I would pore through the darkness (and there was plenty of it, believe me) and I would scan and scan and scan until I could eventually find even one tiny cluster of light cells within me. I was looking for the opposite of a tumor; I was looking for a minuscule pinpoint of goodness.
Once I found it (usually in thoughts of love or kindness, or in some extremely modest pleasure, like “It would be nice to wash these sheets today so that tonight I have clean sheets on my bed”) I would ask myself if there was anything — ANYTHING — I could do that day to build upon that tiny cluster of light cells within me.
Because that is what you need — you need to figure out how to help that tiny cluster of light to grow a tiny bit bigger by the day. And the only way for that to happen is if you help the light increase, through some sort of distinct action on your part.
If it was love for another person that lifted me somewhat, could I do some act of kindness that day toward that person? Write a letter to my grandmother, maybe? Call my young nephew and sing him a funny song on the phone? If it was thoughts of my best friend that uplifted me a bit, maybe rather than calling her (yet again) to cry on the phone about my sorrows that day, could I bring a surprise cup of coffee and some flowers to her while she was at work? If it was general sense of human compassion that stirred something alive in me, what if I went to the bakery and bought two dozen bagels and spent the morning distributing them to homeless people? If thoughts of a merciful god — no matter how distant — encouraged me, could I pray? If I could come up with nothing better than the dinky little thought that clean sheets might be nice, then why stop at the sheets? What if I also mobilized all my powers and gave myself the gift of a clean bathtub, as well? (Oh, heroic! A clean bathtub! This is no small task when you are depressed, but sometimes I could pull it off.)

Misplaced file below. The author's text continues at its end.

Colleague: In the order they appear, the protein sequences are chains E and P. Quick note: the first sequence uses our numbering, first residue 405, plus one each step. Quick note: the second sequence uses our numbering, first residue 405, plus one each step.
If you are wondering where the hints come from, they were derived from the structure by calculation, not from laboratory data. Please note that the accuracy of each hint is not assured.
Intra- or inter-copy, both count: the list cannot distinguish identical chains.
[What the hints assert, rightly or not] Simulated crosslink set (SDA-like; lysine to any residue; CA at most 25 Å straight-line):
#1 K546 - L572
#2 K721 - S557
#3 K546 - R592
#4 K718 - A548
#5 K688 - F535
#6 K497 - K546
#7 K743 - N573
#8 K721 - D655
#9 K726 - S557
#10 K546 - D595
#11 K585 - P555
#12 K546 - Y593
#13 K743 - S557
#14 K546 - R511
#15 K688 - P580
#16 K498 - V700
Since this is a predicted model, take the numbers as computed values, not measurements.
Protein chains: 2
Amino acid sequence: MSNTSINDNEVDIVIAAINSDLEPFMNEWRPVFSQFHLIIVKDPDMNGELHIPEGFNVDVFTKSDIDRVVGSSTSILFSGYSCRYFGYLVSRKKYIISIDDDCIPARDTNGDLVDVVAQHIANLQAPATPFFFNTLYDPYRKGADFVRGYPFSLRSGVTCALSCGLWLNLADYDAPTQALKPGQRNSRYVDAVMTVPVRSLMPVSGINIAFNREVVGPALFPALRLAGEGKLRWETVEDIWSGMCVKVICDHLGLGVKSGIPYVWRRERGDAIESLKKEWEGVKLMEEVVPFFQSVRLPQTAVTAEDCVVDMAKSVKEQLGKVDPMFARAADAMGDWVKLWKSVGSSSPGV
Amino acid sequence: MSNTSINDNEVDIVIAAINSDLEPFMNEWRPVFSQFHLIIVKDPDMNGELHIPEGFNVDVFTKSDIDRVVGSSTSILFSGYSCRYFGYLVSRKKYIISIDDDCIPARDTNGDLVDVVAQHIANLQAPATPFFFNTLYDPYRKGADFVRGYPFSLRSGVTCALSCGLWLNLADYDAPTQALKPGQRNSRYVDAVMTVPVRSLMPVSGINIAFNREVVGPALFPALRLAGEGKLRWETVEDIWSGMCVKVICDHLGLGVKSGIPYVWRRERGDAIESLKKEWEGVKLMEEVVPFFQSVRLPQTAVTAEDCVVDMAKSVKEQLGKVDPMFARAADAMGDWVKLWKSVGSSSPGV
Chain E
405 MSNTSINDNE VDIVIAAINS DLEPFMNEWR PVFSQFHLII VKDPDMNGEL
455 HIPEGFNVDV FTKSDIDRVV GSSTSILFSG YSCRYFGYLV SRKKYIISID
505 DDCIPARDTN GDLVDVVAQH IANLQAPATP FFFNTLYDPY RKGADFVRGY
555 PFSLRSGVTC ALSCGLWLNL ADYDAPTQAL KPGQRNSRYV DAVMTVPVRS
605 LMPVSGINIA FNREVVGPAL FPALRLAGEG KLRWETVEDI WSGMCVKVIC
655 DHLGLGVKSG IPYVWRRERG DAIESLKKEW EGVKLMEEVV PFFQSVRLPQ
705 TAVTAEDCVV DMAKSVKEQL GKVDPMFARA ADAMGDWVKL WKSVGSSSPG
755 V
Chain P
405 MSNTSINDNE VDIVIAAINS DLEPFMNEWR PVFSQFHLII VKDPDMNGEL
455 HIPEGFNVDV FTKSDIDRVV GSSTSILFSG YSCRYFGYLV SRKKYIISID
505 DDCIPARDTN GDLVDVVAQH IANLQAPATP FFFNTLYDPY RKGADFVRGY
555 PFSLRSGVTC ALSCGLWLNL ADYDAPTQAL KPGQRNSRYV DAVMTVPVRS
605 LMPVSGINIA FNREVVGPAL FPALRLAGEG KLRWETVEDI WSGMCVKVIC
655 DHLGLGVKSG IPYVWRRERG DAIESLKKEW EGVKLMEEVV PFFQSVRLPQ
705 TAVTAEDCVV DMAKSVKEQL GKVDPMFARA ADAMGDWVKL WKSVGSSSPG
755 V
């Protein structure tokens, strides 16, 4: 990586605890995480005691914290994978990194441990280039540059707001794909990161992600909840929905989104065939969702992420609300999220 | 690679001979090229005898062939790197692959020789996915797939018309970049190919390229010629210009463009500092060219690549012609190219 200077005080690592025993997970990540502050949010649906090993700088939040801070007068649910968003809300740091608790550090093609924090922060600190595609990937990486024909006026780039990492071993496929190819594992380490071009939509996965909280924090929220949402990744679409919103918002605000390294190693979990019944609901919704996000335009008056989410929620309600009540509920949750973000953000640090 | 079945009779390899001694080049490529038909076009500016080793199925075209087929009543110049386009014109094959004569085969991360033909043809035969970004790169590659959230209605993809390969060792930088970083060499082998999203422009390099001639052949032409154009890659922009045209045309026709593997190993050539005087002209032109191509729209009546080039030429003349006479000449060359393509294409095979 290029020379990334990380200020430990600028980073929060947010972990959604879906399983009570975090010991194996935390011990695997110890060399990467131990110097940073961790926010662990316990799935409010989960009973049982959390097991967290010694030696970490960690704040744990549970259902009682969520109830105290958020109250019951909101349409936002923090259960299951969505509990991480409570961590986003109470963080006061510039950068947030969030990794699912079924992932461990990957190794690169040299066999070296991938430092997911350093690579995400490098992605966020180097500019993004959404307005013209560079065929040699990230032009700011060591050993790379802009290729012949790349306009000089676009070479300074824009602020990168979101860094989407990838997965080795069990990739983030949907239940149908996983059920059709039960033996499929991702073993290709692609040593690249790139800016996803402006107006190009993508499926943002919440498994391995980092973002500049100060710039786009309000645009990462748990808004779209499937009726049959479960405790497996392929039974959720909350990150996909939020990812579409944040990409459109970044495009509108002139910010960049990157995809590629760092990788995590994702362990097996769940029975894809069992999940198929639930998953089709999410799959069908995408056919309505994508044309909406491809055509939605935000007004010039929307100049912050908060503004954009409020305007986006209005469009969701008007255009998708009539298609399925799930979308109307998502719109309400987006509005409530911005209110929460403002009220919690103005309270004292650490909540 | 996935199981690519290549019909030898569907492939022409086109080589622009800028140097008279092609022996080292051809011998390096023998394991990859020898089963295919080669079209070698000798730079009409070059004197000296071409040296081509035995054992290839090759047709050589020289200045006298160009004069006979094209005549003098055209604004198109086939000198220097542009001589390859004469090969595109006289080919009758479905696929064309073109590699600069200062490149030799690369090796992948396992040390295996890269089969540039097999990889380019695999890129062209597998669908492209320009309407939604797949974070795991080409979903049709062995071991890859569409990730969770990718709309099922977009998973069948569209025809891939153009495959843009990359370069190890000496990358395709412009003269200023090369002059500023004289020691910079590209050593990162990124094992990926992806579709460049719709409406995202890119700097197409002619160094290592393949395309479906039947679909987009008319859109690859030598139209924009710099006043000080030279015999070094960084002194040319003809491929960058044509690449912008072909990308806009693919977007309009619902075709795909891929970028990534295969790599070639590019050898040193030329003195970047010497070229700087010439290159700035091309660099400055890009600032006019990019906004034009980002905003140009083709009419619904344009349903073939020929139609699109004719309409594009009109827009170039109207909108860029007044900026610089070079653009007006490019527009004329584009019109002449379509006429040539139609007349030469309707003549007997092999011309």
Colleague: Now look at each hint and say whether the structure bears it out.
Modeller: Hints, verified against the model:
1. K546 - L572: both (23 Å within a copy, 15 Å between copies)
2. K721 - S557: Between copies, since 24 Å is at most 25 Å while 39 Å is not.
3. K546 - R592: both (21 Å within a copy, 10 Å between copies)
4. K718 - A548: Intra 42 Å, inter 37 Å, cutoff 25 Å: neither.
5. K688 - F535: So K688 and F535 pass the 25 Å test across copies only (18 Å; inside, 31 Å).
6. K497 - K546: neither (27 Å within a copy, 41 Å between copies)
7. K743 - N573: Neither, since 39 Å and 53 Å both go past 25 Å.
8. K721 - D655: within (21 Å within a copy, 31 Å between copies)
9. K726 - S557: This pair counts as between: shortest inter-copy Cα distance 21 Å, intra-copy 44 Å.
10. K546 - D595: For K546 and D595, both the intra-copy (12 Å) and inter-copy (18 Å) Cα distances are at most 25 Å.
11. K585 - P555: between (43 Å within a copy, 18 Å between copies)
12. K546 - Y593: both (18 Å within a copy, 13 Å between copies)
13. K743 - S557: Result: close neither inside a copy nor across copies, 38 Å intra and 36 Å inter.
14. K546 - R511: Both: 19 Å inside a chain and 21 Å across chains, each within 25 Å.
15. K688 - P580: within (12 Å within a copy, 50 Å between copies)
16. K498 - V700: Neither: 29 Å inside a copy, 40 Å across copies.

I tell you, there were days when I REALLY had to reach. But I reached. I reached for the light, and wherever I could find it (no matter how teensy) I worked on growing it.
I can’t say that I got better by the day in any regular, quantifiable manner. Emotional recovery doesn’t work like that. It’s not a grid and we not machines. Our minds and our lives are too messy for steady incremental progress to measured in any scientific manner. Some days you inch forward; other days you fall back. But I got better by the month. I got better by the year. The clusters of light within me grew because I tended to them and I fed them. Whatever you feed, grows.
I didn’t push out the darkness, because I could not. I don’t have that power. Instead, I brought in the light, and the light pushed out the darkness for me.
I hope this helps.
Fight for your lives, dear ones. Fight for your lives.
Liz Gilbert has some wisdom on Goodness. Get it here!